6

I am not alone, I experienced a similar problem as:

Having hours of problem and doubts, I found out that my adafruit cable had mixed wire connections. Uhm.

In theory, the cable should be as in A, but turns out to be like B:

              A     APurpose  |     B  BPurpose
Wire color   red      5v      |        5v
             black   GND      |        GND 
             white   TXD      |        RXD
             green   RXD      |        TXD

In fact, the only working setup looked like this: Setup of working console cable

When it is specified (here) to connect the white and the green wires like this: enter image description here

I wish to avoid using bad cables on my hardware (raspberryPi, Laptop) and burn my equipment.

So, based on the following usb pin layout: USB internal pin out

How should I validate each wire's purpose ?

With an independent tester (ohmmeter, voltmeter, ...):

  1. How can I validate each wire and
  2. What should be the correspondence between the colored cable and their usb pinout ?

For example what this correspondence table of the usb console cable should look like:

Usb console cable

   Red wire (5v):     Usb pin#1 ?
   Black wire (gnd):  Usb pin#4 ?
   White wire (txd):  pin#?
   Green wire (rxd):  pin#?

Thanks

  • I don't understand the problem. You connect TXD to the other ends RXD, and RXD to the other ends TXD. Why do you think there is an error? – joan May 9 '14 at 19:51
  • To make it work, I had to switch the TXD and RXD as opposed to the described setup on adafruit learn pages. I will add the original setup described by adafruit. – Alain May 9 '14 at 20:59
  • 2
    USB connector is NOT directly connected to serial cable leads, there's no one-to-one relationship. it's like trying to find a relationship between the power plug and HDMI cable, blindly forgetting there's a DVD player between them =) – lenik May 10 '14 at 0:48
  • @lenik, you understood what I was looking for. From the crowd, my question seems confused, although. I am still wondering if there is a way to test these cables. On 3 cables purchased, all have the same 'anomaly'. I wish I could close that question as it cannot be really answered. – Alain May 10 '14 at 2:06
  • There is a chip inside the usb plug. The fact the that there are 4-pins on both the usb and output is just a coincidence . – Gerben May 10 '14 at 10:06
7

If we accept the Adafruit technical specs, and you bought the dongle from Adafruit.

  1. Leave the red (5V) lead unconnected.

  2. Connect the black (ground) lead to P1-6 (Pi ground).

  3. Connect the green (TX) lead to P1-10 (Pi RXD)

  4. Connect the white (RX) lead to P1-8 (Pi TXD)

http://elinux.org/RPi_Low-level_peripherals for Pi pin numbering.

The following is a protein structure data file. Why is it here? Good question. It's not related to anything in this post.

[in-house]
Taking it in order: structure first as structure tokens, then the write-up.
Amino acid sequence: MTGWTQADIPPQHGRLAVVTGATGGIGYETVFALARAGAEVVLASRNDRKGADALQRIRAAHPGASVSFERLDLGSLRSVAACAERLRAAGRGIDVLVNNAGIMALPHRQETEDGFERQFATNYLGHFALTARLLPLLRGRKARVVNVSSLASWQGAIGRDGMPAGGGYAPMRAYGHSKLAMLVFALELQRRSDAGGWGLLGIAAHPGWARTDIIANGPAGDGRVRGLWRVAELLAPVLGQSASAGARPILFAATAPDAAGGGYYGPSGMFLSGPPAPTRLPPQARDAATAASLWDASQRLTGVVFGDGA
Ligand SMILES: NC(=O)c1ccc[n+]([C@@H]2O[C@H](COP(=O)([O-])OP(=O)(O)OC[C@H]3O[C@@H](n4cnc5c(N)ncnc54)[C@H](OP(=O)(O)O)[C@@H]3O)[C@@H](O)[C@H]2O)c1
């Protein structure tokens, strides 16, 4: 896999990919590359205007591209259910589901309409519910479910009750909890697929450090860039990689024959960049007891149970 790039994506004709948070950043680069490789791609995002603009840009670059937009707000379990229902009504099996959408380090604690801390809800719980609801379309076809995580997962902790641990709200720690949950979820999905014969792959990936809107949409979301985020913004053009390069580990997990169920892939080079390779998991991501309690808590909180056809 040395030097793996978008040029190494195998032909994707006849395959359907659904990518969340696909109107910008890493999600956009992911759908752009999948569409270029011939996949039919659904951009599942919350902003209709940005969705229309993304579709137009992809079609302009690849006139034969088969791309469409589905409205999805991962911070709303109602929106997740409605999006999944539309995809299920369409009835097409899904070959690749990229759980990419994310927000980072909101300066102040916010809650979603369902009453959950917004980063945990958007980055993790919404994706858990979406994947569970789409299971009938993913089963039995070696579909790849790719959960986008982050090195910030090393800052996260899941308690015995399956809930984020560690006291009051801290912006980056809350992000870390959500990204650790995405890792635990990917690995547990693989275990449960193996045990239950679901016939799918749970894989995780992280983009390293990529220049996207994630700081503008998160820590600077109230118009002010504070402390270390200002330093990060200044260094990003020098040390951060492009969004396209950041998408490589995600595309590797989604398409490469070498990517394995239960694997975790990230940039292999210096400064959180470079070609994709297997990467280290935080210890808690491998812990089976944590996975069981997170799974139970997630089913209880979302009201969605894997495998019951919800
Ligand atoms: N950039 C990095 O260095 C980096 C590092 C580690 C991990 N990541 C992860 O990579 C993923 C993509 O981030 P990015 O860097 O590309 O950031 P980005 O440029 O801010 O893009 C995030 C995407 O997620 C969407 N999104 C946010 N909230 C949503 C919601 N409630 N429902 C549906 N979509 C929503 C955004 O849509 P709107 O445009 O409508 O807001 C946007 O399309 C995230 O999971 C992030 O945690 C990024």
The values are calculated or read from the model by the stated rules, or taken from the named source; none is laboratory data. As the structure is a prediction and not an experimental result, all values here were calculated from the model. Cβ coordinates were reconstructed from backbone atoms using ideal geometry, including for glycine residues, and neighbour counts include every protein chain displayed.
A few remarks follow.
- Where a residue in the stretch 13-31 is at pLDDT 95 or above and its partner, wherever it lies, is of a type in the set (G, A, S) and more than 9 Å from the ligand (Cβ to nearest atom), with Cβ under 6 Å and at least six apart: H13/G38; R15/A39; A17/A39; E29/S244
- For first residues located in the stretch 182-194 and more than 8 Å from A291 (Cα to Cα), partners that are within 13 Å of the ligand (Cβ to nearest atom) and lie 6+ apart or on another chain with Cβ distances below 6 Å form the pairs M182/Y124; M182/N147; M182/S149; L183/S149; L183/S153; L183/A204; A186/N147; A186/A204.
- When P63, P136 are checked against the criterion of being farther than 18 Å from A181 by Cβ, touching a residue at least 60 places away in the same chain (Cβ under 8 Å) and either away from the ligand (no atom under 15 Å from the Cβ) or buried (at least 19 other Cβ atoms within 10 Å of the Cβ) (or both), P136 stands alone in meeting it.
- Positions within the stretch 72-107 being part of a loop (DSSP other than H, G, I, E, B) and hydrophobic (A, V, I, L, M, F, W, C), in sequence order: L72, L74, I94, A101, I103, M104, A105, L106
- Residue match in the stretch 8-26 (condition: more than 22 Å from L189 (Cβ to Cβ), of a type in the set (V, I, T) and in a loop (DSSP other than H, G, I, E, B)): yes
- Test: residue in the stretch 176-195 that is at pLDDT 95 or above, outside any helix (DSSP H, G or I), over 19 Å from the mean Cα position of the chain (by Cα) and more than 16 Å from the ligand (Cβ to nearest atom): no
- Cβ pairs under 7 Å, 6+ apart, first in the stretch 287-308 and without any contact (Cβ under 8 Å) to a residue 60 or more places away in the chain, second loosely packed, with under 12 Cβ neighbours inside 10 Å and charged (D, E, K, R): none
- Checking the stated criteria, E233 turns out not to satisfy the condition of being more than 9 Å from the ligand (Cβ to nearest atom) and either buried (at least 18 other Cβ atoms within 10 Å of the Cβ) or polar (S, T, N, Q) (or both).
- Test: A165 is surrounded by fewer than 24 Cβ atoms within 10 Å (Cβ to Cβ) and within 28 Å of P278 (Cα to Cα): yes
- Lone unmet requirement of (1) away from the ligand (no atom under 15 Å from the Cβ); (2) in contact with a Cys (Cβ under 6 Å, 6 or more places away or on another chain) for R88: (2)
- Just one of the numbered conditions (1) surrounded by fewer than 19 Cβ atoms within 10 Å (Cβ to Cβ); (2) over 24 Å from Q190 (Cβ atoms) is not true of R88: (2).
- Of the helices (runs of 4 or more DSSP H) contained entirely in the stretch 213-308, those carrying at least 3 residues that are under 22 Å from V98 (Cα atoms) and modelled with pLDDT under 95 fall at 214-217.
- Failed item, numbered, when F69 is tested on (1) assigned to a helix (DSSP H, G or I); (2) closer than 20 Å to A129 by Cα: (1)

Even if TX/RX are mislabelled you won't harm the Pi. I've often connected them the wrong way around. It just doesn't work.

Don't try to power the Pi with the dongle. It won't be reliable even if it works at all.

  • 1
    Second that. Don't connect the 5V pin!!! – Gerben May 10 '14 at 10:03
2

if you want to be able to find where is +5V, GND, TX and RX pins, you need a multimeter (a voltmeter basically), 1kOhm resistor and a simple LED.

first you need to find the GND and +5V, most probably these are BLACK and RED, however might be any colour. connect multimeter to the GND and touch other pins starting from RED, once you see 5V on your multimeter, you've found the power pins. if you don't see 5V on the multimeter, choose another pin as GND, and measure voltage between the selected pin and other pins. repeat as necessary.

then you may try to find the TX pin. make a probe, according to the picture:

GND ]----[==1k==]---|<|-------->
         resistor   LED      probe

touch +5V with the probe end, the LED should become ON, otherwise you either missed the GND and +5V or the LED polarity (the longer lead should connect to the probe).

from now on, you may safely ignore +5V pin, because it's not required for a proper operation of the serial port, unless you're going to power RasPi from USB port, that's generally not recommended and will eventually fail.

if everything works so far, connect the probe to the probable candidate to TX pin and type something into the terminal window (choose lower baud rate in the terminal settings, something like 2400, 4800 or 9600), connected to USB tty port on your PC. see if the LED will flash when you type. if nothing happens, try another possible TX candidate pin. at least one of them will make the LED flash, and the other will be RX pin.

ps. I have mistaken TX and RX pins many times in the past, with TTL serial levels it's quite difficult to do any damage, you should not worry much about that.

1

The Adafruit "Technical Details" are quite clear. There are four wires: red power, black ground, white RX into USB port, and green TX out of the USB port.

0

This is a confusing situation, as you have shown by including the USB pinout in your question.

Compounding the confusion is the use of the same colours that USB uses, but for completely different functions.

There is a chip buried inside the USB plug that is doing the USB-UART conversion.

There is no standard for what white/green means in this situation. There is also no standard that they even use white/green.

You may improve your situation by making sure you buy the same part number from the same manufacturer every time.

If you need to find out which is which, you can try connecting each wire to an LED first. Transmitting at 9600 baud will cause the LED on the TXD line to flash.

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